Eye and colors

From spectrum to the eye tri-stimulus

Once, doing “ray-tracing” simulation of light scattering, I wondered how to transform my nice fresh calculated light energy spectrum (light intensity with respect to wavelength) into a real life color sensation. For example, I wanted to show on my monitor the irisation effect of light scattering by particles like drops of water. It looks trivial but if you thing about it and furthermore look around in the web how to do that, it appeared to me that it is not that simple to understand. Let me redraw a bit the way I could do that. The eye has 3 types of sensitive cone cells. Good, that's easy: let's integrate the sensitivity spectrum of each type multiply by my light spectrum and that's it! But not at all... The stimuli are processed by the neurons in a quite complex way. In fact it has to be: the sensitivity spectra of the cells overlap quite a lot , particularly for the medium and large wavelength cones. See the curves in the figure 1 bellow. In fact the neurons has to process differences of stimuli to be able to distinguish the colors. So any intent to reproduce this color processing done by the cones and the neurons must know exactly the way the neurons encode the colors. It seems that it is still an active research and so still not easily applicable, as I know.

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Figure 1: curves of sensitivity of the cone cells (source Wikipedia).

So to do that, we have to use the standard tri-stimulus curves of the CIE (Commission Internationale de l'Eclairage). Let's see briefly how these curves has been produced (already long ago: in 1931) and how to use them. For details see official site of CIE or the chapter 2 of this nice book: “Principles of Color Technology, Billmeyer and Saltzman”. Here are the basics ideas: an experiment of color perception of a sample of individuals has been made in order to produce a standard response curve for all the wavelengths of the visible spectrum (figure 2). The color matching experiment consist in dividing a disk in 2 half parts. On half is illuminated by the light we want to test and the other half is illuminated by three well chosen monochromatic light sources (red green and blue, wavelengths: 700, 546 and 436 nm). The experimentalist asks the observer to tell for which proportion of red, green and blue he sees exactly the same color at each half disk. This experiment is done with all the monochromatic light corresponding to the visible spectrum. Sometimes (between green and blue) it is not possible to obtain the matching with the 3 references source. But it can be obtained sending the light red source in addition to the analyzed source. In this case the power of the red light source matching is plotted with a negative value. One matching obtained, the intensity of each of the 3 lights is reported in the 3 curves called rλ, gλ and bλ (figure 3). The 3 primary wavelengths chosen at this time were exactly 435.8nm, 546.1nm and 700nm.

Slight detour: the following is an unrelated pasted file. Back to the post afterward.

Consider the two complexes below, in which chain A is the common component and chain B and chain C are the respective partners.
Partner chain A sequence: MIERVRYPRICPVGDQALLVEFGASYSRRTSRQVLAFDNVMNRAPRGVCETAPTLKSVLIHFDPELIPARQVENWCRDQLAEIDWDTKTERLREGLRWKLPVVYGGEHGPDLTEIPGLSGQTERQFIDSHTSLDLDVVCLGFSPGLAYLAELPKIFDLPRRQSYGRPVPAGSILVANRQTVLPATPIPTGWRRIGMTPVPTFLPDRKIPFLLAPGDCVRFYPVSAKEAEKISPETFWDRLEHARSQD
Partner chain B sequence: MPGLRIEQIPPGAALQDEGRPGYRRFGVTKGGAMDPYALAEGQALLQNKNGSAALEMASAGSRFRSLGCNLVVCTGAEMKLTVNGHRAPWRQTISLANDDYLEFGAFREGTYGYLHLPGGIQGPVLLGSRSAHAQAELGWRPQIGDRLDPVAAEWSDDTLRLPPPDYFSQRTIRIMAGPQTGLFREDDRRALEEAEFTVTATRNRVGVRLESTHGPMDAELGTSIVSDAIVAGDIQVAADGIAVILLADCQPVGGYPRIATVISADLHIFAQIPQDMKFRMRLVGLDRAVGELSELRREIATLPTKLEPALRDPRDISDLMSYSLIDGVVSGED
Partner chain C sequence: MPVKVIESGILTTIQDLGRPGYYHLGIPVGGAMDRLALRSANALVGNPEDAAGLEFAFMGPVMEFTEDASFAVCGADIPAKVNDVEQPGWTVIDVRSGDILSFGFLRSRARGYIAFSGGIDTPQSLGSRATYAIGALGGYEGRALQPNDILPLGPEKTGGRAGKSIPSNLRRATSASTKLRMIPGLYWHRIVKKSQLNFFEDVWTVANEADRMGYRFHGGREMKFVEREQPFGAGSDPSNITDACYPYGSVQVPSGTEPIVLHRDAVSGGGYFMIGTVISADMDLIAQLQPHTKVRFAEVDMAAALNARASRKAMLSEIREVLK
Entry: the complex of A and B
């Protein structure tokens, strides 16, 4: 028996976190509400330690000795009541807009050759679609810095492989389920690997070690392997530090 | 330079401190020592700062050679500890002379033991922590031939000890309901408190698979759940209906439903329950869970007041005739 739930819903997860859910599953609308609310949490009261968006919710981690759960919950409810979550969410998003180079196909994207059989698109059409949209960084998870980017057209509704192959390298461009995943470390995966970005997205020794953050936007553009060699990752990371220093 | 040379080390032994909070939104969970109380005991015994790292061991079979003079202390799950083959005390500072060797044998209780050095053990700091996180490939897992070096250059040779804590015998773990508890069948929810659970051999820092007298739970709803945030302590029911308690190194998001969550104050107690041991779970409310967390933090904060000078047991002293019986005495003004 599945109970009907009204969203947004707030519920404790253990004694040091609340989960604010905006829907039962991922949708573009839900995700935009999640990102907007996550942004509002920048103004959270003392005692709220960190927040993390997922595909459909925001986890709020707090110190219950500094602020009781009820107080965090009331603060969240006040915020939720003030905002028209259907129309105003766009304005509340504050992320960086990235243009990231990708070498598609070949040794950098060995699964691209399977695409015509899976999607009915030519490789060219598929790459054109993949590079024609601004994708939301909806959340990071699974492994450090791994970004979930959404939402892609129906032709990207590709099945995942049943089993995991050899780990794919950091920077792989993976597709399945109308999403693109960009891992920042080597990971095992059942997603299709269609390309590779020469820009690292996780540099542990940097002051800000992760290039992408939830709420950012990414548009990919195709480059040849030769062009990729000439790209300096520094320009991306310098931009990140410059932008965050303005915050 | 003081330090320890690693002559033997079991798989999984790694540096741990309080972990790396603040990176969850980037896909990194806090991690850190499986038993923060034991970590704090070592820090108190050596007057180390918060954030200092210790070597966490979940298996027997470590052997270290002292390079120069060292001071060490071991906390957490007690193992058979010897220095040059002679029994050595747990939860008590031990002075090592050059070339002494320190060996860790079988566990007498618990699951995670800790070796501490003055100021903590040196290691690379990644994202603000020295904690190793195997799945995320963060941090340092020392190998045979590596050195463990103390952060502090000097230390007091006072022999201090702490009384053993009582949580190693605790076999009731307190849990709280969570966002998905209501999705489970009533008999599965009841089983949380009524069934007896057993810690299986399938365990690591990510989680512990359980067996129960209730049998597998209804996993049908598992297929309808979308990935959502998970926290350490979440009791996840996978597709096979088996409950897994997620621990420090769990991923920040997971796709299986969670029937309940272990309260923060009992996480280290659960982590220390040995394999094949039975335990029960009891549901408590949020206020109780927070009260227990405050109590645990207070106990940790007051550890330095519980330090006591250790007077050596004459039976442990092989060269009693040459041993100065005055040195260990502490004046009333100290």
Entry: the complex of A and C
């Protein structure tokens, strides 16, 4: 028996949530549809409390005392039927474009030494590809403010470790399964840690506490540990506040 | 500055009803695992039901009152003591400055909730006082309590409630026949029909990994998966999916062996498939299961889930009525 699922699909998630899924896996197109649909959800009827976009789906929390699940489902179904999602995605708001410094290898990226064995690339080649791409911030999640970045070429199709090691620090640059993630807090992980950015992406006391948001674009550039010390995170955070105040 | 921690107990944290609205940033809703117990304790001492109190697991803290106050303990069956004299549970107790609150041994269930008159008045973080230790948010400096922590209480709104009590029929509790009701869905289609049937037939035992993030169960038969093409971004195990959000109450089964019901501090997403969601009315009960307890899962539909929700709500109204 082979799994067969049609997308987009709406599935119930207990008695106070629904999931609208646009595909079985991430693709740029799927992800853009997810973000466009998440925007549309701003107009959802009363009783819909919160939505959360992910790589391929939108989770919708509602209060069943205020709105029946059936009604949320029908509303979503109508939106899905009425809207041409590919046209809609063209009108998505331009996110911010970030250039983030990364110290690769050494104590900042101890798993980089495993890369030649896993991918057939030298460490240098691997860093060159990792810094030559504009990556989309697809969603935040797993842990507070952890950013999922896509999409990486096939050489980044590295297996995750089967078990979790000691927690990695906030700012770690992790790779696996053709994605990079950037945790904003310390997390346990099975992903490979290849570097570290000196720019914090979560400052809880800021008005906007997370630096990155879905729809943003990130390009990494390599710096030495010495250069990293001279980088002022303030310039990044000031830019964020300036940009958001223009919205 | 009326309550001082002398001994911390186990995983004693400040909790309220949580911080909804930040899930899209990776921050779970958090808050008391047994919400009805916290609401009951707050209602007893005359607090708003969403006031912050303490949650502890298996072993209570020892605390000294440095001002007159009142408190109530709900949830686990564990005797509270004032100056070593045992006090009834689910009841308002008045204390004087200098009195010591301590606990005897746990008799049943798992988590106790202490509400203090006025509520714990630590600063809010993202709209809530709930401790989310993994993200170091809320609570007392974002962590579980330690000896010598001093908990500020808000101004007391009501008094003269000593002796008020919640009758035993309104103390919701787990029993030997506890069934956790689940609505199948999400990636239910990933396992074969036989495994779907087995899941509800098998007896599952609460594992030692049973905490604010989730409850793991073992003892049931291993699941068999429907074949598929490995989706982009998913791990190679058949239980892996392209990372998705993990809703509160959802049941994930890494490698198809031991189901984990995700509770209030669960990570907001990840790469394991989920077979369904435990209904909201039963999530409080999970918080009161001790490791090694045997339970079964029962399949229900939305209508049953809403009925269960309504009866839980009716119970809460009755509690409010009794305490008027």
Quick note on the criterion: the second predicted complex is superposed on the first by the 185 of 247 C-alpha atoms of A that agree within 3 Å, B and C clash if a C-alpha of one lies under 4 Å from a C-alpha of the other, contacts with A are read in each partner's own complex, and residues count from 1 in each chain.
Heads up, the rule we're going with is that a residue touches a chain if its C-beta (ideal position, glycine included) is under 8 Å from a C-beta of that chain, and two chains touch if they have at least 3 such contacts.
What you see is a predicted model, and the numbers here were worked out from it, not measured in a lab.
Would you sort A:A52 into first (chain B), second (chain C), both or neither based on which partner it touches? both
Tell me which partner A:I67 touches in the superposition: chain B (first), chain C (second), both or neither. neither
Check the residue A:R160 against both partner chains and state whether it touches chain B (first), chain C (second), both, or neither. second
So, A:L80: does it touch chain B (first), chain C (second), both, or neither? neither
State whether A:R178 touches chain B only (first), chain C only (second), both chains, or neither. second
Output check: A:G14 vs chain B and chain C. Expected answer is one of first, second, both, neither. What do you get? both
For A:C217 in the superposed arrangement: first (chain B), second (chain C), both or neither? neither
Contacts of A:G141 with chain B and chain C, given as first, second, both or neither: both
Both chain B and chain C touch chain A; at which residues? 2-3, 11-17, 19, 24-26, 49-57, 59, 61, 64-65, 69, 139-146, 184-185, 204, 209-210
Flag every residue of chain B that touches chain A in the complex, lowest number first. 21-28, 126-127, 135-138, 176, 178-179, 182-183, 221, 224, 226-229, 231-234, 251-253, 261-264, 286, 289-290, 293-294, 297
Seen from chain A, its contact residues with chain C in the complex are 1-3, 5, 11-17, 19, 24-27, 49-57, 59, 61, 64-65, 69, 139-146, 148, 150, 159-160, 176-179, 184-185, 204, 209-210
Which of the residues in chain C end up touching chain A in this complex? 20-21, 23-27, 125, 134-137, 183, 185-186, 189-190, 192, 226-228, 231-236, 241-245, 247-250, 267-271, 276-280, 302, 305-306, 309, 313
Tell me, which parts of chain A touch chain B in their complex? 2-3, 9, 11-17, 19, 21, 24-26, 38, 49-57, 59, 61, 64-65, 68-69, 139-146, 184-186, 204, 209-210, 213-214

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Figure 2: The experiment used to encode the RGB values of all the spectral monochromatic values.

The observer tells when the correct addition of R G and B powers of each reference source matches the analyzed color (here yellow).

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Figure 3: plot of the standard curves for RGB reference sources (source Wikipedia).

Note that the red curve has negative values: this when the experimentalist needs to add red light to the analyzed source to get the matching.

Inversely, if you have a spectrum s(λ) and wants to know the 3 numbers (RGB) representing the perception of color, you just have to multiply each intensity corresponding to each wavelength of your spectrum and sum them. The 3 sums are your tri-stimulus. That's it. The wavelength range must be [380nm → 780nm]. If your spectrum has less value, for example as usual: [400nm → 700nm], the norm says that you can just add the values for 400nm and 700nm at the two extremities of your spectrum.

Expressed with formulas:

Well, that's not all. Sorry. The references sources R G and B chosen are not very good since we have negative values for red and they don't integrated the photometric 1924 reference. For that reason, three other references has been chosen, X Y and Z. They fulfill these two requirements. They are not physically doable. These new references leads to 3 new “standard observer color matching curves” called x, y and z (figure 4). These curves allows you to go directly from your spectrum to the X,Y and Z values. You could also calculate R, G and be and use the transformation equations from R,G,B to X,Y,Z (see for example http://www.easyrgb.com/index.php?X=CALC)

Practically, just apply these formulas:

formula21

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Figure 4: plot of the standard curves for XYZ reference sources

The tabulated values of x, y and z can be found at CIE web site (they charge for it I guess) or in some web sites dedicated to color.